Friday, April 02, 2010

Last Day at Google

Today was my last day at Google. It's been 6.5 years since I first started at Google, and let me tell you when I first joined I did not expect to stick around for that long. My previous longest tenure was at Mpath Interactive for 3.5 years. I remember joining the company, and thinking, "Boy, this company is so huge. I'm going to get lost here." I became very pleasantly surprised that after my very first TGIF, I ran into Eric Schmidt on the way back to my cube and he knew my name, had obviously read my resume, and knew that I had "been around the block a few times as far as startups were concerned." Looking back at it and reflecting on what my starter project at Google was, I shouldn't have been so surprised.

Financially, it stopped making sense for me to stay at Google about 2 years ago. The risk-reward ratio had mostly tipped down to much less risk and correspondingly less reward, and while regular refreshers were handed out, they weren't really enough to really make a big difference to my net-worth. However, I still had interesting things to do, including my Munich assignment. Munich was such a small office that I felt like I was at a startup again, which was awesome. I felt like I did a lot there, and it was enough to keep me excited and motivated.

After my Australia trip last year, I became a part-time employee, going to a 4-day work week. Amongst other things, I scanned 10 years worth of slides, bought a house, toured Japan, and wrote a book, but somehow still never quite got caught up to everything I wanted to do. And having found a taste for long-term travel (as I got more time, I discovered that I didn't want to do more trips, but wanted to do longer trips), I wanted to do still more! I still never did find time to visit my friends, or even do any of the other nerdier things I thought I could make time for.

The final straw that made me decide to retire from Google was the realization that as an engineer and a professional, I'm highly optimized for startups. As Google got bigger, the pressure to specialize and stick to a formal role grew to the point where everything I did (and that included the assignment in Munich) came at the cost of professional advancement. I supposed I could have sat back and coasted, or as a friend of mine used to say, "rest and vest", but that's not in my personality. John T. Reed's book, Succeeding, made a very good point, which is that it's very difficult to change your personality, and trying to do so would make you very unhappy. However, it's possible and quite easy to change your context and your environment, and your life should be about finding a context and environment where your personality makes succeeding easy, rather than trying to fit your personality into an increasingly ill-fitting context.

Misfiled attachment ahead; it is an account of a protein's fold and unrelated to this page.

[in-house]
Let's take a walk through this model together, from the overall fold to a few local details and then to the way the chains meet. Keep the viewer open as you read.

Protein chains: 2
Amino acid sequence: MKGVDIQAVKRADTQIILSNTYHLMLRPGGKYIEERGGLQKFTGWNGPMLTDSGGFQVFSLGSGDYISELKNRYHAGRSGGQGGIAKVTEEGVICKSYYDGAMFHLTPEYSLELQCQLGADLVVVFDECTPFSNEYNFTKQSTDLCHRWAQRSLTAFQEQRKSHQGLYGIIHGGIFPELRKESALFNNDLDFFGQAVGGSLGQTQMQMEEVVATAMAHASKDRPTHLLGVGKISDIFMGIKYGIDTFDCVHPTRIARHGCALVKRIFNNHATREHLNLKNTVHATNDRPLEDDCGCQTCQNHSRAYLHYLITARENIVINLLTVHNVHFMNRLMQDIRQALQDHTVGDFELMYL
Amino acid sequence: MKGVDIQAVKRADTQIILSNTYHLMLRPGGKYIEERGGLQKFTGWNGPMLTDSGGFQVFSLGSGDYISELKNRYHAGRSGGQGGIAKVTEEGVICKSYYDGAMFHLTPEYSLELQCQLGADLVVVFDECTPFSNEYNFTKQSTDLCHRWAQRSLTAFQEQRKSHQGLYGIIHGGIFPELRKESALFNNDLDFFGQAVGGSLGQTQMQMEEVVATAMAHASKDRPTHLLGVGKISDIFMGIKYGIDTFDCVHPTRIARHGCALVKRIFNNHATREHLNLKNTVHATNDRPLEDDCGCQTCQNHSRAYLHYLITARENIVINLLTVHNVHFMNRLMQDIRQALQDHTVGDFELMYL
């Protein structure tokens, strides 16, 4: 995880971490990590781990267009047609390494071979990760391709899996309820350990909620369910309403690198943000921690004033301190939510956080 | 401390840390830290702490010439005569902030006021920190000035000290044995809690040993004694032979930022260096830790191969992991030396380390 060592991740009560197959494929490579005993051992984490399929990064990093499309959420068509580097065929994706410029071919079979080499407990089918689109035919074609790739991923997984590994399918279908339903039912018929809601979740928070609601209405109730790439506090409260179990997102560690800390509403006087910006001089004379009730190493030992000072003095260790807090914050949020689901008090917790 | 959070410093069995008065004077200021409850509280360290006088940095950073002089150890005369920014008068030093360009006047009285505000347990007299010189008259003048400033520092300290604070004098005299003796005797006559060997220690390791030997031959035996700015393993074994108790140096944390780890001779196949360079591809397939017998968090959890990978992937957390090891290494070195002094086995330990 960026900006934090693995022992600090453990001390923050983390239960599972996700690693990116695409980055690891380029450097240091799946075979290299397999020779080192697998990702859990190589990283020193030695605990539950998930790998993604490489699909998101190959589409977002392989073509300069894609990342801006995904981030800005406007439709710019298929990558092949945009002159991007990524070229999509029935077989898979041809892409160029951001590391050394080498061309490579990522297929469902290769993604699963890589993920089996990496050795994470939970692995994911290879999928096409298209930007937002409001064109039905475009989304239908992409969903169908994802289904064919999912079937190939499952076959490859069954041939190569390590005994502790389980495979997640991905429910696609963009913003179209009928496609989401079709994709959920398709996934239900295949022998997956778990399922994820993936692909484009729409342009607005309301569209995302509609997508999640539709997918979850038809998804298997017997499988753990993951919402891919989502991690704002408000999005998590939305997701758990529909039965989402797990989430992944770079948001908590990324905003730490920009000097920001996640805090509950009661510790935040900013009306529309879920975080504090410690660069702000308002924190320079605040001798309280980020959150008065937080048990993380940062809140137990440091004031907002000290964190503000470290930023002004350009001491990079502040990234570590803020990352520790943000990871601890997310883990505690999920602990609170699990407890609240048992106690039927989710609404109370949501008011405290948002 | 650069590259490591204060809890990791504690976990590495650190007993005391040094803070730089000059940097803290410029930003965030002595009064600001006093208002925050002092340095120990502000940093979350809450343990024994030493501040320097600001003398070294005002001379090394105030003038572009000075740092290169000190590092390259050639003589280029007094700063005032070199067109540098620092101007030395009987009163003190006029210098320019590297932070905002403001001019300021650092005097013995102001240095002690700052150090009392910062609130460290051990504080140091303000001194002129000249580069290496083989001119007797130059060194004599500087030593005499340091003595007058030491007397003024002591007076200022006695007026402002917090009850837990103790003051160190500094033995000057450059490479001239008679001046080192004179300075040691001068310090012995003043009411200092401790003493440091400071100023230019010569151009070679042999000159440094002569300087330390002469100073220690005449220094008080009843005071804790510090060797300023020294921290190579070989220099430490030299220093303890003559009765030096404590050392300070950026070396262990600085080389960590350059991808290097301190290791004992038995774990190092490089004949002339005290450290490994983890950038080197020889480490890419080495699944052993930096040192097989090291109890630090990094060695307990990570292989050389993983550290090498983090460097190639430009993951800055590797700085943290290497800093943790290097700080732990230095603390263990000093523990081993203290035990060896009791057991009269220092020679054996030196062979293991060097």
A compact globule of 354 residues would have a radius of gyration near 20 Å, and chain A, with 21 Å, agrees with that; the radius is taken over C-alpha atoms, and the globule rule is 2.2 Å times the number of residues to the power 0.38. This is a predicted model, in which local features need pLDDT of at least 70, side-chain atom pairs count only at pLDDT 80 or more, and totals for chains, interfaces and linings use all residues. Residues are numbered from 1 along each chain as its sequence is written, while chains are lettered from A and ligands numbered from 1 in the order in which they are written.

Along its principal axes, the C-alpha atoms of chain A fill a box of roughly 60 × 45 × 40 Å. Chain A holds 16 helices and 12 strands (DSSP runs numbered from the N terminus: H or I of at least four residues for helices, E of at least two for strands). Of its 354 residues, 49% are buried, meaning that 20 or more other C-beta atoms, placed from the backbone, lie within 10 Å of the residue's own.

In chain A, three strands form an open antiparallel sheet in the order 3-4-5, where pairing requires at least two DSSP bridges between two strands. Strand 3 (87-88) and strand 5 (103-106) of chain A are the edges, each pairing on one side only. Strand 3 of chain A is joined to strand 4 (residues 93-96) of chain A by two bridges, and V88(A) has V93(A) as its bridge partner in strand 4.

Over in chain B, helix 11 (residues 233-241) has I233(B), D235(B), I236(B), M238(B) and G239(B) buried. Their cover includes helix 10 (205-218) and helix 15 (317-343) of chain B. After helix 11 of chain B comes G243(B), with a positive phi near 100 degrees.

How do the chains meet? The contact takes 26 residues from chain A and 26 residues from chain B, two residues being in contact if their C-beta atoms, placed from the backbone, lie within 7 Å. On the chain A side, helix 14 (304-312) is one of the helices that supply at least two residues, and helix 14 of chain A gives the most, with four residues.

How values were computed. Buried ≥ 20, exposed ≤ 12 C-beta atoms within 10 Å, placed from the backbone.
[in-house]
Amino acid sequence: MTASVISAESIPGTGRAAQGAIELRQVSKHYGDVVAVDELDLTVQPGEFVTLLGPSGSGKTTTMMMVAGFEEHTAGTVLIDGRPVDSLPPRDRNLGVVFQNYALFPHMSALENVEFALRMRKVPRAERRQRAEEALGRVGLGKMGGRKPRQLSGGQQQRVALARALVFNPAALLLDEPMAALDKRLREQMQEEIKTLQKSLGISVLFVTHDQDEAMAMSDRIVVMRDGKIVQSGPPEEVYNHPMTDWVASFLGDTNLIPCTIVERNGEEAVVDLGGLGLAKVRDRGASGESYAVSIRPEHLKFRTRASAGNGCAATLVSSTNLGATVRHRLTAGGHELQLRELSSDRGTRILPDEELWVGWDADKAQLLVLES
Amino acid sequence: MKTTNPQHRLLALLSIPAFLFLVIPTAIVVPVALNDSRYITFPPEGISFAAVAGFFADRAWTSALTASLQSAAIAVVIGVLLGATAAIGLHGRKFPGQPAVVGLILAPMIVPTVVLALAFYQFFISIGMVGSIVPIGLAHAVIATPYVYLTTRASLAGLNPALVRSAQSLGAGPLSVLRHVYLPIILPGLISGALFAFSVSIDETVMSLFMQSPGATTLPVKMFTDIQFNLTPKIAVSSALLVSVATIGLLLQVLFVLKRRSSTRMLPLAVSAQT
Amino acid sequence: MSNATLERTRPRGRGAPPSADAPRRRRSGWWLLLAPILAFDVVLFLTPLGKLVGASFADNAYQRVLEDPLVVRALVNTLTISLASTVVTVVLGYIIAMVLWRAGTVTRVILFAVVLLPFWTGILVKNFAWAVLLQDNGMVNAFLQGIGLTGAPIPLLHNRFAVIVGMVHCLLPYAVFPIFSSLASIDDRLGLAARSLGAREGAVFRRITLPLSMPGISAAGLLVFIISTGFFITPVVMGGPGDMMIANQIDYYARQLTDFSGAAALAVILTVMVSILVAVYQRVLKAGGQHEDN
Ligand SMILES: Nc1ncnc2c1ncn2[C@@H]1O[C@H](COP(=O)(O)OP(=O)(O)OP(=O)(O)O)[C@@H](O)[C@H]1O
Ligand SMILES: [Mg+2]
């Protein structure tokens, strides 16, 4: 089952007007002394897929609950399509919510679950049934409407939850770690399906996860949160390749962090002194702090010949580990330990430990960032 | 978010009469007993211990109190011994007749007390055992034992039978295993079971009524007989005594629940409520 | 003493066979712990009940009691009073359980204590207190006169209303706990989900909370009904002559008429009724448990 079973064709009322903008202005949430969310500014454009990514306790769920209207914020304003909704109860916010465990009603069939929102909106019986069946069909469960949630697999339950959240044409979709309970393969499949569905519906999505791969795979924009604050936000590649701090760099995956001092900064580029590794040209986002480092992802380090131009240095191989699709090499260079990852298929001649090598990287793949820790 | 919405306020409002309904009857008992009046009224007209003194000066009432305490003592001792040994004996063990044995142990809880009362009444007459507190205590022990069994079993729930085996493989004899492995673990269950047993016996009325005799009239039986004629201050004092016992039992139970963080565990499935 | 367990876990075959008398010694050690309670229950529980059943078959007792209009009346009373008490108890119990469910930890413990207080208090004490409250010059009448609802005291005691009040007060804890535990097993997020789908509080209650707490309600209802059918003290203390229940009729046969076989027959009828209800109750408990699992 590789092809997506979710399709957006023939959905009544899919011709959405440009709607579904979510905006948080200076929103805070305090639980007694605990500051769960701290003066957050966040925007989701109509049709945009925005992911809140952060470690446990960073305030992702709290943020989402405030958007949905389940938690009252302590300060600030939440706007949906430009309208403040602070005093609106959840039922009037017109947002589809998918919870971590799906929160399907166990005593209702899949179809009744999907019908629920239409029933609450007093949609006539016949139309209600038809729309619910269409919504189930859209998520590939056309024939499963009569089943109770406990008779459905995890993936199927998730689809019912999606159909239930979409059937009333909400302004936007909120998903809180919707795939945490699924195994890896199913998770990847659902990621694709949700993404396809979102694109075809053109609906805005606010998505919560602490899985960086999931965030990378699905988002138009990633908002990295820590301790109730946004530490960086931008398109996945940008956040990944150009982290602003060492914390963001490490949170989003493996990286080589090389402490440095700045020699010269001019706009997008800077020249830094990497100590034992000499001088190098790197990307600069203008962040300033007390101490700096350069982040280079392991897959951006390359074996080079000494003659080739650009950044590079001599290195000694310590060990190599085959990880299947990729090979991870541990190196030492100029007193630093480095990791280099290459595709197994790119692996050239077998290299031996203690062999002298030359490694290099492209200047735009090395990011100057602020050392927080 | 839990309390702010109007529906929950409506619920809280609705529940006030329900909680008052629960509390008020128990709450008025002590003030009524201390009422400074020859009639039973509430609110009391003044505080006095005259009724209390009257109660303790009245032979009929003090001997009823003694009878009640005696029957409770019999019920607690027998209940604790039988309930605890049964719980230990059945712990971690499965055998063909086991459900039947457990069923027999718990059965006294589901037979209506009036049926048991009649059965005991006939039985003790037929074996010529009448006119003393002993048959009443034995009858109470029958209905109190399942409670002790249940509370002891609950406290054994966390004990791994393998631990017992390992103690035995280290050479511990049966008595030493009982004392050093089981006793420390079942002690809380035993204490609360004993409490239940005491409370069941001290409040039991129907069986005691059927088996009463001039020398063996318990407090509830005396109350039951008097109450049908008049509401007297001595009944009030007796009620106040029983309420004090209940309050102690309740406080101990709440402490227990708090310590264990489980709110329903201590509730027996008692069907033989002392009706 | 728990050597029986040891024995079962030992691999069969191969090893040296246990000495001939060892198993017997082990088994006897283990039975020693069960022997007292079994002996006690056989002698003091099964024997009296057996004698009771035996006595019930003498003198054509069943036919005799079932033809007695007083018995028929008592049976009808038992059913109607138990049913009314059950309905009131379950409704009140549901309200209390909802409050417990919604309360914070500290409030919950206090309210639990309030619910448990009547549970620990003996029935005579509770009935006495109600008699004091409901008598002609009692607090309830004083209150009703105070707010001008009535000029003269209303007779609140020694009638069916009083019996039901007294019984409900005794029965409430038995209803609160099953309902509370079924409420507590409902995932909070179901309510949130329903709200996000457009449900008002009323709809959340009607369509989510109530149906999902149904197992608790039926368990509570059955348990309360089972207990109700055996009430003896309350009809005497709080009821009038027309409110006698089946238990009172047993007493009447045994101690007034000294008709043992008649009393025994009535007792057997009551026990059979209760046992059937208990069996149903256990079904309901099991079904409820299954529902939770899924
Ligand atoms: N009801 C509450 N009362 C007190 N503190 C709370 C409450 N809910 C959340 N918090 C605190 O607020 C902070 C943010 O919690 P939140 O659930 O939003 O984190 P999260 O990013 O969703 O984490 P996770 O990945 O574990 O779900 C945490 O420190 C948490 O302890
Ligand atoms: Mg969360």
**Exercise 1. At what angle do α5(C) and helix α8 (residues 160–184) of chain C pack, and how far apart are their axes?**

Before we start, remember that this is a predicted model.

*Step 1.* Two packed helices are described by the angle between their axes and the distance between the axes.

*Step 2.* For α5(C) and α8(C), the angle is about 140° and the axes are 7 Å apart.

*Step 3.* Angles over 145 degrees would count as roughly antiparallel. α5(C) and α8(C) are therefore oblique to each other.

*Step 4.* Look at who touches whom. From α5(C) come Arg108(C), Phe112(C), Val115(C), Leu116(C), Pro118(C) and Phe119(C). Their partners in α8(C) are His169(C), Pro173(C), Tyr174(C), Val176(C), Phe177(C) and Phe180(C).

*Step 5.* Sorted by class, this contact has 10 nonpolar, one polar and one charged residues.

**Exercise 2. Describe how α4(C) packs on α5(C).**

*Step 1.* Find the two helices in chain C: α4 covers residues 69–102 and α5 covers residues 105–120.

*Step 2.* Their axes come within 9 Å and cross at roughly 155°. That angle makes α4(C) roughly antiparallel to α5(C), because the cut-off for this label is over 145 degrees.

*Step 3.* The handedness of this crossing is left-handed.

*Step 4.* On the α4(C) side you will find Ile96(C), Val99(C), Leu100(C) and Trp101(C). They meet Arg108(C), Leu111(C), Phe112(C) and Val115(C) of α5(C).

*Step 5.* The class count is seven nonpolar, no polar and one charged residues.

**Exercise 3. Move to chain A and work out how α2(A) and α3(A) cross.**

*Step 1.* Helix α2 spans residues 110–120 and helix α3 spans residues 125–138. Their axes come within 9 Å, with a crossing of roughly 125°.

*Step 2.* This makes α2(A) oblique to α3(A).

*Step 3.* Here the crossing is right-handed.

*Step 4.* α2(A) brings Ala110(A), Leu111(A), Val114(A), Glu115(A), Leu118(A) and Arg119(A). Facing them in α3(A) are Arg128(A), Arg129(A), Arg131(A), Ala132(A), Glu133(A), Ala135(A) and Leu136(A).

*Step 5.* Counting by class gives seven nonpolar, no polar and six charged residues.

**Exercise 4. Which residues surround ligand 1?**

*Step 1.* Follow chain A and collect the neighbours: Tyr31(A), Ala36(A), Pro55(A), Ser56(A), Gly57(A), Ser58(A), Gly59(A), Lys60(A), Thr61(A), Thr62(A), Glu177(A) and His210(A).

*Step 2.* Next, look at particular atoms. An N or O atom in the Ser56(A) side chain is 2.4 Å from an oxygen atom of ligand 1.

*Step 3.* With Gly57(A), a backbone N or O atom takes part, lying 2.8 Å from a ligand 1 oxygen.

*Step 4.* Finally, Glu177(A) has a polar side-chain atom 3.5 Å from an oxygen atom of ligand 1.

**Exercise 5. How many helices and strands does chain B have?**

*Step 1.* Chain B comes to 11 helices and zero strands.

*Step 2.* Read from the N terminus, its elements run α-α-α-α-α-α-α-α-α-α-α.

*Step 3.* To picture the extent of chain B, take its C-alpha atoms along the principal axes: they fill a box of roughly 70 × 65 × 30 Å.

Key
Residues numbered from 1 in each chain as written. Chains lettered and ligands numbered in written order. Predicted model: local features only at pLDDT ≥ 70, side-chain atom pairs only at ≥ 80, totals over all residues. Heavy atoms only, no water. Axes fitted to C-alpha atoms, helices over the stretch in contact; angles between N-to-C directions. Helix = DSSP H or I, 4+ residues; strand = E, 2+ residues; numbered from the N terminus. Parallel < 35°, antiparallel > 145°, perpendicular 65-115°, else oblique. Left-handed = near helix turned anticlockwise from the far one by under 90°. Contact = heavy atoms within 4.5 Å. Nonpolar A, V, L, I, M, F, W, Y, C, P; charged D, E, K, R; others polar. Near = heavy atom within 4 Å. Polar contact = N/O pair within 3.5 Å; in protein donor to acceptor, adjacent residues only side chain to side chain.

In any case, I don't have any plans to jump right away into another work-place, startup or not. For one thing, I have at least one more book I want to write (it has nothing to do with computers or startups), and Lisa and I have booked a 5 week trip to Europe this summer, along with some Googler friends. I have hopes of doing a photography trip in the fall, and yes, I would like to do another sailing trip. Then there's friends to visit, and maybe for once I should try to attend WorldCon or GenCon, events that I have always thought of attending, but never did it because when you have a limited amount of vacation time, you would never waste it on indoor activities when there's so much left of the world you want to see.

For the immediate future, however, I plan to spend the next few weeks writing up some of my experiences at Google (no, I won't divulge any trade secrets), so if you enjoy that sort of thing, stay tuned.
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